In litigation, the IRS will often seek to short circuit a proceeding by filing an early, pre-discovery motion for summary judgment. Taxpayers, in turn, often resist those motions by submitting documentary evidence and affidavits to raise genuine issues of material fact or to highlight the need for further discovery. Inevitably, the IRS argues in rebuttal that such affidavits should be disregarded because they are “self-serving” and (often) uncorroborated with independent evidence. However, the IRS’s historically safe argument just became a whole lot harder to make due to a recent unanimous decision by the full U.S. Court of Appeals for the Eleventh Circuit.
In United States v. Stein, the government filed a pre-discovery motion for summary judgment to collect on outstanding tax assessments along with interest and penalties.. In opposition, the taxpayer proffered an affidavit attesting to the fact that she had already paid the taxes the government claimed she owed. The district court granted the government’s motion and rejected the taxpayer’s affidavit. The district court found the affidavit to be uncorroborated and not relevant. A panel of the Eleventh Circuit agreed, holding that her “general and self-serving assertions . . . failed to rebut the presumption [of correctness] established by. . . the assessments.” The panel’s holding was based on the court’s prior decision in Mays v. United States, 763 F.2d 1295 (11th Cir. 1985), which suggested that self-serving and uncorroborated statements in a taxpayer’s affidavit cannot defeat a summary judgment motion.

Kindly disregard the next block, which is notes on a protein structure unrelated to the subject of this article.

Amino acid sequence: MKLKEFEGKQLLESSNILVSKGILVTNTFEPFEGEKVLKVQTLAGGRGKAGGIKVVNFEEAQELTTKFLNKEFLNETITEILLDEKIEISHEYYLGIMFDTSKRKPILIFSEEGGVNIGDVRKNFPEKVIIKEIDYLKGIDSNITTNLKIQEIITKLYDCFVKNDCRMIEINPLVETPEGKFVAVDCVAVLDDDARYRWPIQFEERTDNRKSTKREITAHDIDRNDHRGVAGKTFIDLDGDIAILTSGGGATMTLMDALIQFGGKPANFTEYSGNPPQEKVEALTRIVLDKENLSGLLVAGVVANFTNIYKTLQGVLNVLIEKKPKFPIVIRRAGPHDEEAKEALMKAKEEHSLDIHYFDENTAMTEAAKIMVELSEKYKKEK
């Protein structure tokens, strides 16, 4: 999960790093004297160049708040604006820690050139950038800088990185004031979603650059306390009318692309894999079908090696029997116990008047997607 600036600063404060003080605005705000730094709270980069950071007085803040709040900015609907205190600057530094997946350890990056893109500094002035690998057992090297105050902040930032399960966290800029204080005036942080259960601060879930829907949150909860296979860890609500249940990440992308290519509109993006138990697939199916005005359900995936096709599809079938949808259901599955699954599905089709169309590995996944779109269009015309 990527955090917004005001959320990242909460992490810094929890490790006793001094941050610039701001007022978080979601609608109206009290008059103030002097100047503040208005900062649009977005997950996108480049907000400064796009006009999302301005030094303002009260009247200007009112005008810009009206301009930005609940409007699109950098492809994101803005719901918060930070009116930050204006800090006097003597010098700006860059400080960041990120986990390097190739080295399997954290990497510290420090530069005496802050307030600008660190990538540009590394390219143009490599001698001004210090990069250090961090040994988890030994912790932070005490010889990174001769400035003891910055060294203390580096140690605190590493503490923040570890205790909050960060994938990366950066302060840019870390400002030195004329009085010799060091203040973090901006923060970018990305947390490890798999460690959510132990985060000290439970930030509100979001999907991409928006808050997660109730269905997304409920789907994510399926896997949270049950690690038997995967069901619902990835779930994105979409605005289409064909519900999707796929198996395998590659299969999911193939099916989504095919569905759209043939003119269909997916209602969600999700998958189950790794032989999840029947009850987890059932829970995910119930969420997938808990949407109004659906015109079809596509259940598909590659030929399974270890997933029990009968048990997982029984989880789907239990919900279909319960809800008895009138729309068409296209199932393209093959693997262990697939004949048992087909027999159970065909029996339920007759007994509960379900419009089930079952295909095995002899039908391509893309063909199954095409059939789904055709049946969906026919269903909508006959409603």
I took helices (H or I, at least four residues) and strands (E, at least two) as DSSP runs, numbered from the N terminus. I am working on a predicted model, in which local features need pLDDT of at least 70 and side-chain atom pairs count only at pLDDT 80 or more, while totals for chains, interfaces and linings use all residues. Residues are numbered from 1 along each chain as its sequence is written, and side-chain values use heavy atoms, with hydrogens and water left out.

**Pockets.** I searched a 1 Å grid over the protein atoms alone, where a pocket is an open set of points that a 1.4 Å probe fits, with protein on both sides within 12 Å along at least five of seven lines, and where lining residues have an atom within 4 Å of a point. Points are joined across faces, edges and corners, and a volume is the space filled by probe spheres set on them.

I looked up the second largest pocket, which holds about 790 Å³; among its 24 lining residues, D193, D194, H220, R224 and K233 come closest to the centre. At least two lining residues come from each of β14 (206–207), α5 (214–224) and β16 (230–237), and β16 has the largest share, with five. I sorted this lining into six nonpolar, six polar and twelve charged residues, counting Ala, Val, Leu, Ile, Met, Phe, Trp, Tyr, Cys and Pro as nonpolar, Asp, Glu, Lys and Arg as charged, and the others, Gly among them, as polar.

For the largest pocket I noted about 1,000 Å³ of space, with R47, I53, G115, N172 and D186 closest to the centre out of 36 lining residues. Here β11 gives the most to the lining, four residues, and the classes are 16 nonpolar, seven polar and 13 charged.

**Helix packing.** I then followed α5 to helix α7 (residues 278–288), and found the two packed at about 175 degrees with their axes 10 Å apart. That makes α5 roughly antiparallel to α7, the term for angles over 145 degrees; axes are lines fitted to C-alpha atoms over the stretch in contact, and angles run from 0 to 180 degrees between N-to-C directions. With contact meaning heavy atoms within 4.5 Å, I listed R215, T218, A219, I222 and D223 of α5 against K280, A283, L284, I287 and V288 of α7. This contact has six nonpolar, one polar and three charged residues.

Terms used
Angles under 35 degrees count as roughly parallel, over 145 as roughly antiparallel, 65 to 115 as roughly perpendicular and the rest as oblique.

It was on this point that the full Eleventh Circuit disagreed and overruled Mays. In doing so, the court held that under Federal Rule of Civil Procedure 56, an affidavit that is both self-serving and uncorroborated can raise a genuine issue of material fact and defeat an otherwise proper motion for summary judgment. The text of the rule does not forbid such affidavits or require corroboration. Because Tax Court Rule 121 closely mirrors Federal Rule of Civil Procedure 56, the court’s rationale will apply with equal force regardless of fora.
This is significant because experience has shown that the IRS will often rely on publically available statements (particularly financial statements) to file and win pre-discovery motions for summary judgment. Now, a taxpayer has strong authority with which to counter the IRS and force the litigation to move into discovery, thus, giving taxpayers the opportunity to more fully develop the record. It is a significant victory for taxpayers.